‘Ronin is not a stealth game,’ the help popup tells me. ‘Just kill everybody.’ So I do. Leaping from floor to ceiling, I sweep across the room and back again, cutting through enemies. An entire room full of gun-wielding guards, now dead—and all in the equivalent of about 15 seconds.
Ronin is about visiting violent vengeance upon your enemies. Your targets are, one by one, circled and then crossed out on an old photograph. The implication is that you are the little girl pictured, but your motives remain unclear. It doesn’t matter why—Ronin is about simple, uncomplicated, satisfying revenge. You must kill these men and women, no matter the cost.
The fifteen missions to eliminate the five targets follow a similar formula: two levels of murder-fun and computer hacking, and then a level of murder-fun and target execution. And what glorious murder-fun it is. During the turn-based combat, a combination of leaps, grapple-swings, flying kicks, and pauses allow the protagonist to dodge between the storm of bullets and cut down the armed guards one-by-one. There’s a rhythm to be discovered: dodge, kill, dodge, kill. Leap between bullets, kill an enemy. Leap away, throw sword into another foe.
At their hardest, the encounters take on a puzzle-like quality; finding the safe spots and avoiding the various types on enemy attack while maintaining a feasible position from which to attack is not always easy. But the satisfaction gained from pulling off an impressive manoeuvre—intentional or not—cannot be overstated. A dramatic leap turns into a lethal sword toss. The landing, precariously ducking under machine gun fire, gives me an opportunity to use sword recall, which—somehow—makes my sword fly back toward me, skewering a second guard. Pop a decoy, grapple-kick another guy out a window. Ronin is full of moments and combinations of moments that fill the player with a sense of dominance.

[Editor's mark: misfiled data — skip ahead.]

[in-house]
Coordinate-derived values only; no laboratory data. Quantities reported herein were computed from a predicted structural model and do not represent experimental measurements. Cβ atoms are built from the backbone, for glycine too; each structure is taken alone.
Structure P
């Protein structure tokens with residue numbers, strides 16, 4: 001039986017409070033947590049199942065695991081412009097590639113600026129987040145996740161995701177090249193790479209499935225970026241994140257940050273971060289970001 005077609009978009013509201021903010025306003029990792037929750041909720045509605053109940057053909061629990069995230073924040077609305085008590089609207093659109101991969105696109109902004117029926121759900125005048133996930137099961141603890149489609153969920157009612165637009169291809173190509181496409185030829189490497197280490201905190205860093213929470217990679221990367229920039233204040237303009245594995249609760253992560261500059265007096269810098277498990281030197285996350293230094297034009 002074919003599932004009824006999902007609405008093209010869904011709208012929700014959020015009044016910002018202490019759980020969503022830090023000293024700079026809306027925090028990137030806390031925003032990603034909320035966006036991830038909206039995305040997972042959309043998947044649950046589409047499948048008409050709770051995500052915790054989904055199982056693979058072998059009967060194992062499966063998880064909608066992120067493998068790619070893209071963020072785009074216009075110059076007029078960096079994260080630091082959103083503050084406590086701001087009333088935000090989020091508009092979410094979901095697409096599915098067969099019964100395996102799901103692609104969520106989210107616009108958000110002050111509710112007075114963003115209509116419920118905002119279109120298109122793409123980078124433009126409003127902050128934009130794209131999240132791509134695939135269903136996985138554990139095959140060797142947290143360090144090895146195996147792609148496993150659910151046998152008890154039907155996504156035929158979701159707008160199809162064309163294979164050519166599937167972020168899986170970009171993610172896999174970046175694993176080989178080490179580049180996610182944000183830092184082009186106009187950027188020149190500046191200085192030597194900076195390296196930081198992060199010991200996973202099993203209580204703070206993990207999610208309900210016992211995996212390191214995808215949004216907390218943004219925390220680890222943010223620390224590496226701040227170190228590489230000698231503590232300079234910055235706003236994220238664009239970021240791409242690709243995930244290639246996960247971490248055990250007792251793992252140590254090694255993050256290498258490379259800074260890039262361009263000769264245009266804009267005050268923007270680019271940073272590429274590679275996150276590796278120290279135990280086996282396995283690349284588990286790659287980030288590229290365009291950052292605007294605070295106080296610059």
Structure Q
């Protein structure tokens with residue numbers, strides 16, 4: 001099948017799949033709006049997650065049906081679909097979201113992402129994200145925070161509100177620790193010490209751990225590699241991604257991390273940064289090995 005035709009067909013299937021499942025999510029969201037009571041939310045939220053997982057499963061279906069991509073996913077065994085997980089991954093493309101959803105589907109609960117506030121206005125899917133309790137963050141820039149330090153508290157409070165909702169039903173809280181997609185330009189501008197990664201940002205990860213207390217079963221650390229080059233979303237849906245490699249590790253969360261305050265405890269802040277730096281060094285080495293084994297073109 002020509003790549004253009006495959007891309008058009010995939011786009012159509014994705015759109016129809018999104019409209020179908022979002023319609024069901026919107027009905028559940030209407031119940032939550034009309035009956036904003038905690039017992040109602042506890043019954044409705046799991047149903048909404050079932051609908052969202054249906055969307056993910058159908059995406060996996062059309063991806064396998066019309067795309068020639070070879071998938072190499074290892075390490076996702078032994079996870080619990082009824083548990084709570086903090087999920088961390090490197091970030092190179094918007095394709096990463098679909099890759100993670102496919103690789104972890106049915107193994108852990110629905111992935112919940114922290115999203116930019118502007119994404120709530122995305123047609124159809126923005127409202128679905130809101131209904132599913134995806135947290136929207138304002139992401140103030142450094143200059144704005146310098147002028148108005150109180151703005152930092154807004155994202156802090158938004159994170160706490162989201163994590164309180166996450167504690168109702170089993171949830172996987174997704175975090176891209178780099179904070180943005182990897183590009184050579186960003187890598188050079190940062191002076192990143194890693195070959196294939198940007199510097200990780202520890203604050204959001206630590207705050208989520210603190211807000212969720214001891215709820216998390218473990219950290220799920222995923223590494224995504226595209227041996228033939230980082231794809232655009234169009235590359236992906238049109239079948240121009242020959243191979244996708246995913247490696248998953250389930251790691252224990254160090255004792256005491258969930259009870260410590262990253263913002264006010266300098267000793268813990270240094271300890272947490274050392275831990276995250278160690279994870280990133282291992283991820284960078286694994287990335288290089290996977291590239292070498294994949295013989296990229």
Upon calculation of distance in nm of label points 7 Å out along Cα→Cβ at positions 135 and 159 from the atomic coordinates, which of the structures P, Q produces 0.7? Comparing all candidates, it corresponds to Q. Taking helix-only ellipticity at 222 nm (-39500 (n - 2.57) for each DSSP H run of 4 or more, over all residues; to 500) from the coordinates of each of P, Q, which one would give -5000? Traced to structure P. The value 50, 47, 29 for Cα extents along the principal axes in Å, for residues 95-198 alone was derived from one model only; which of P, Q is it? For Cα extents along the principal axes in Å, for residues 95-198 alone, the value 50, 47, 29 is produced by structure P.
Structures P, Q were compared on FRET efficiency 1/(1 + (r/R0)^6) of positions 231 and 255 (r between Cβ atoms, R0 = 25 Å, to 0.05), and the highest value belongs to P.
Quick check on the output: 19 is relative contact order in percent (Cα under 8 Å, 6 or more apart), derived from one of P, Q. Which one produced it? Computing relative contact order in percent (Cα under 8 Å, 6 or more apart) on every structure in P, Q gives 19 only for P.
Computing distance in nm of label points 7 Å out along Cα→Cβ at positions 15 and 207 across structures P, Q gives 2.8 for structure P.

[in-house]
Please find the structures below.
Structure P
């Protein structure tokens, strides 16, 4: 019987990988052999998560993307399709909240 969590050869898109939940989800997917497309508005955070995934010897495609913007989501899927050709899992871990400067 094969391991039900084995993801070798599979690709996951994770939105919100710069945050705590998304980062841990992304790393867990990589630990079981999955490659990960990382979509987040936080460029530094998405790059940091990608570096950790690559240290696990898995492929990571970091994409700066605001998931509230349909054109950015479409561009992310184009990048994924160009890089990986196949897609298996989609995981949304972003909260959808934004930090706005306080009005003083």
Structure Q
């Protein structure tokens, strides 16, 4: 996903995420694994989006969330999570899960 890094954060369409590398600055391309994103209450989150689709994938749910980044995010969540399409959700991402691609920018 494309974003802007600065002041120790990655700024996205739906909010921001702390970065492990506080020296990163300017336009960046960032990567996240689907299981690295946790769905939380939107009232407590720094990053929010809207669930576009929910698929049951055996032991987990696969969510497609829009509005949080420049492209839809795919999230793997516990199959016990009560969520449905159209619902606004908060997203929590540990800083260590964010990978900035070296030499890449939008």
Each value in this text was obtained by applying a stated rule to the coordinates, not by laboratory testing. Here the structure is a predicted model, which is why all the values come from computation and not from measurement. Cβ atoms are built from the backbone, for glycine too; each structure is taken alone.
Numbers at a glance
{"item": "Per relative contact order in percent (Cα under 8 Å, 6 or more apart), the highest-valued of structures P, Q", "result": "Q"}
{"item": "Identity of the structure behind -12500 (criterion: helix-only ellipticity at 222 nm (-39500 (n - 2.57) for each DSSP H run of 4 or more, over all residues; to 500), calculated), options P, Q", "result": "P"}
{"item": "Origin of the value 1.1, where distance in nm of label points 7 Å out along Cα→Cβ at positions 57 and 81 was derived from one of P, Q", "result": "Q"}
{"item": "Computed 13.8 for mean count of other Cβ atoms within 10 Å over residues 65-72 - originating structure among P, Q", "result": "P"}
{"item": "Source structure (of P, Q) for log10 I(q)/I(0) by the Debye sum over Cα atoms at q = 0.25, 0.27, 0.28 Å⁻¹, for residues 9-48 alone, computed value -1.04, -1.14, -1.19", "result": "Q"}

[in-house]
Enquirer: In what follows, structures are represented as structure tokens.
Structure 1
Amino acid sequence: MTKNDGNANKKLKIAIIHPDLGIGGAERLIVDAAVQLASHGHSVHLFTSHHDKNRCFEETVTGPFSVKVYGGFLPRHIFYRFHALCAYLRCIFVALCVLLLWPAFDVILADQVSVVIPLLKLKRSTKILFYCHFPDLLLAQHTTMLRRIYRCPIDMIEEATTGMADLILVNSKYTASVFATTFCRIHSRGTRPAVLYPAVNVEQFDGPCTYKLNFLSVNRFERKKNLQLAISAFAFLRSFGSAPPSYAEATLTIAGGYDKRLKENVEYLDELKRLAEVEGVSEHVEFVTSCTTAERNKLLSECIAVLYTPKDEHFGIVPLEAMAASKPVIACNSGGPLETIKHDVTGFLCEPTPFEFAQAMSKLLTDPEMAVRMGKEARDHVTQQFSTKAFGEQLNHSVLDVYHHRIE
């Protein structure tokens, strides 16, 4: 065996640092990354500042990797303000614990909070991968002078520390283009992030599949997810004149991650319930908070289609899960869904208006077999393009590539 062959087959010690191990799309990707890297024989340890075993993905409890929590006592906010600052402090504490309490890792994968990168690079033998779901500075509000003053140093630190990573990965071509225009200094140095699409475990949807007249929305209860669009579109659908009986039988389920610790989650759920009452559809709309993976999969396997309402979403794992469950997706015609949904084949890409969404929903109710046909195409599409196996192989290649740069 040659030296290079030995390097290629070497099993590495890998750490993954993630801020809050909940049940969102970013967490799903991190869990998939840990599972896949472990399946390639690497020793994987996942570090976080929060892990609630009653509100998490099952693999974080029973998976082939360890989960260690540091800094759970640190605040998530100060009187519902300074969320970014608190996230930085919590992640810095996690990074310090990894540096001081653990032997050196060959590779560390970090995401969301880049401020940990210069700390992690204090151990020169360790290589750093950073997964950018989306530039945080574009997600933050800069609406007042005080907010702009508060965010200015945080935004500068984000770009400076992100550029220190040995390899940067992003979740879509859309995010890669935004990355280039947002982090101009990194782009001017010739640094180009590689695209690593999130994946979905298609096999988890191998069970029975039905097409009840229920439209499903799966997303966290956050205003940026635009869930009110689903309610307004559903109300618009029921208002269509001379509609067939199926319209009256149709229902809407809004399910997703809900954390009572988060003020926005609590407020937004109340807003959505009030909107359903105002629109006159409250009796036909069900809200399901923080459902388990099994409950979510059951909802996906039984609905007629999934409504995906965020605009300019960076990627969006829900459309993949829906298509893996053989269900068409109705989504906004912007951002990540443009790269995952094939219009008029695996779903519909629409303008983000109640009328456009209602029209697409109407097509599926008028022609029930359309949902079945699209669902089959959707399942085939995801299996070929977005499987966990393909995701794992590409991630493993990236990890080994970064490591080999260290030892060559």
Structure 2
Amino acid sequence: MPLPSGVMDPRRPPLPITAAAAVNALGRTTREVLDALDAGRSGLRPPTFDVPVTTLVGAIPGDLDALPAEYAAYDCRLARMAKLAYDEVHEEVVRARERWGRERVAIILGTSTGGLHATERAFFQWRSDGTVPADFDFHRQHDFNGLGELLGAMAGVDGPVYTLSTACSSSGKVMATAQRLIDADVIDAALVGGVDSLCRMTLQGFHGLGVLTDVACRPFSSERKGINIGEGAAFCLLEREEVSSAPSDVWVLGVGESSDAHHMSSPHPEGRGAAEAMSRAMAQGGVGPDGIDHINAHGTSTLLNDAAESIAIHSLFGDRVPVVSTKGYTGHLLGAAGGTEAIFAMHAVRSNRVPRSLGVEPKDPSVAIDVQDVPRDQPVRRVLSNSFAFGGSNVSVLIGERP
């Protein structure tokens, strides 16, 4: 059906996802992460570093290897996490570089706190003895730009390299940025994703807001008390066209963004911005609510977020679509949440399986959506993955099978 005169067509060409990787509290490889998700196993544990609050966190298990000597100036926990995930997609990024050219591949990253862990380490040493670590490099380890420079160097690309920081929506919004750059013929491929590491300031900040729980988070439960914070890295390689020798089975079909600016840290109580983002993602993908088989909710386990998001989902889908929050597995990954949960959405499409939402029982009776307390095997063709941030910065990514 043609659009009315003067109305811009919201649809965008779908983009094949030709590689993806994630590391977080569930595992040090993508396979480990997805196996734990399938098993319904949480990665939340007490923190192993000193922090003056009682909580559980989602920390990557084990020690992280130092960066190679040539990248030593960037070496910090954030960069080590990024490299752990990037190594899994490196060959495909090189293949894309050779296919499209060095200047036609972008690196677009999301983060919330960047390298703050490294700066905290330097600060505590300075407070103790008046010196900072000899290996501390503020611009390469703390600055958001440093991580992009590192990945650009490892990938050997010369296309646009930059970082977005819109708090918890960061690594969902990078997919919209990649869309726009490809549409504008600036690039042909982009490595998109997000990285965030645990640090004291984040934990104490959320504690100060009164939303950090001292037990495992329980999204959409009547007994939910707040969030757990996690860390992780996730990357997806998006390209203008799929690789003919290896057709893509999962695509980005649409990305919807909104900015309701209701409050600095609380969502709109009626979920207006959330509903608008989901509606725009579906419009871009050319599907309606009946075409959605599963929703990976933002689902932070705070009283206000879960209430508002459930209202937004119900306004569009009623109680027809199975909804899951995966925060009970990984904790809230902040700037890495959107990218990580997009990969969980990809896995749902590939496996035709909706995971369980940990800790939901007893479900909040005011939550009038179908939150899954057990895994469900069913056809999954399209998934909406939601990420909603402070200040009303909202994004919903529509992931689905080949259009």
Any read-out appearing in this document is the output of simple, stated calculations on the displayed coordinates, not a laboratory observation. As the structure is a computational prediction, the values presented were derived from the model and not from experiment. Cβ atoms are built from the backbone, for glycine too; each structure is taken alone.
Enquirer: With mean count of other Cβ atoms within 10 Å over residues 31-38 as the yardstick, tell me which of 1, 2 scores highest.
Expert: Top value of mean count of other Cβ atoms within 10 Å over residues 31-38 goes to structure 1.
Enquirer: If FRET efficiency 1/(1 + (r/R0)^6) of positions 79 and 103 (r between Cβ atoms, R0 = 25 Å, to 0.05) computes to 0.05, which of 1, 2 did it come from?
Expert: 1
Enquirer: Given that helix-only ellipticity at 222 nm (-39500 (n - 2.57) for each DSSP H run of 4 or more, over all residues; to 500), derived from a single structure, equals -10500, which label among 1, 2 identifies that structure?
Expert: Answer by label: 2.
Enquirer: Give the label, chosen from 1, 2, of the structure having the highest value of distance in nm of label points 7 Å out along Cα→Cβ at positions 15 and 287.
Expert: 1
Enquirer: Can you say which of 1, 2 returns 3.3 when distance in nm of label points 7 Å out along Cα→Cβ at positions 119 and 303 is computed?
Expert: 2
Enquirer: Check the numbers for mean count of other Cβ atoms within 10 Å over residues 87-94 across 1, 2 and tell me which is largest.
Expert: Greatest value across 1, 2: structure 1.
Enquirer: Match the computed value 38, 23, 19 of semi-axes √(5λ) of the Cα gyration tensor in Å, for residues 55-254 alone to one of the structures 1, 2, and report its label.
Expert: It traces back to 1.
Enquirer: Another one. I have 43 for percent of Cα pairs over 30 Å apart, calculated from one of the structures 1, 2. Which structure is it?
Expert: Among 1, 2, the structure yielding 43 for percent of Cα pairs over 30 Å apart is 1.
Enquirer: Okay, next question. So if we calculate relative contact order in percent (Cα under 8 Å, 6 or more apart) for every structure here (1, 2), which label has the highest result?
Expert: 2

‘Hint: you can’t turn off the hints,’ the game tells me. Beneath the mass murder lies a peculiar wit and sense of style. Indeed, Ronin is billed as ‘stylish’ and the futuristic, dystopian setting only lends credence to the sense of power: the motorcycle helmet-wearing, leather-clad, ninja girl protagonist delivers (presumably) justice in a future-punk setting before cruising off on a motorcycle. But perhaps the most pointed example of developer Tomasz Wacławek’s sense of humour is the elevator sequences. Riding in the elevator, jingle-playing, as you pass the bodies of the slain only reaffirms the sheer talent and determination of the heroine.
Perhaps the biggest downside is its length. My playthrough of Ronin clocked in at just over four hours, including a few particularly difficult sections that slowed my progress considerably. It is, however, not sparse; Ronin certainly doesn’t feel unfinished or skimped on.
Ronin is not a stealth game. The self-confessed Gunpoint rip-off is a frantic, physics-defying, blood-spattering, minimalist tale of revenge. It culminates in a superb final level, offering two equally powerful endings. And while its length might leave you craving more murder-fun, it does offer a new game plus: go destroy your enemies all over again, in style.
This review was originally published at Impulse Gamer.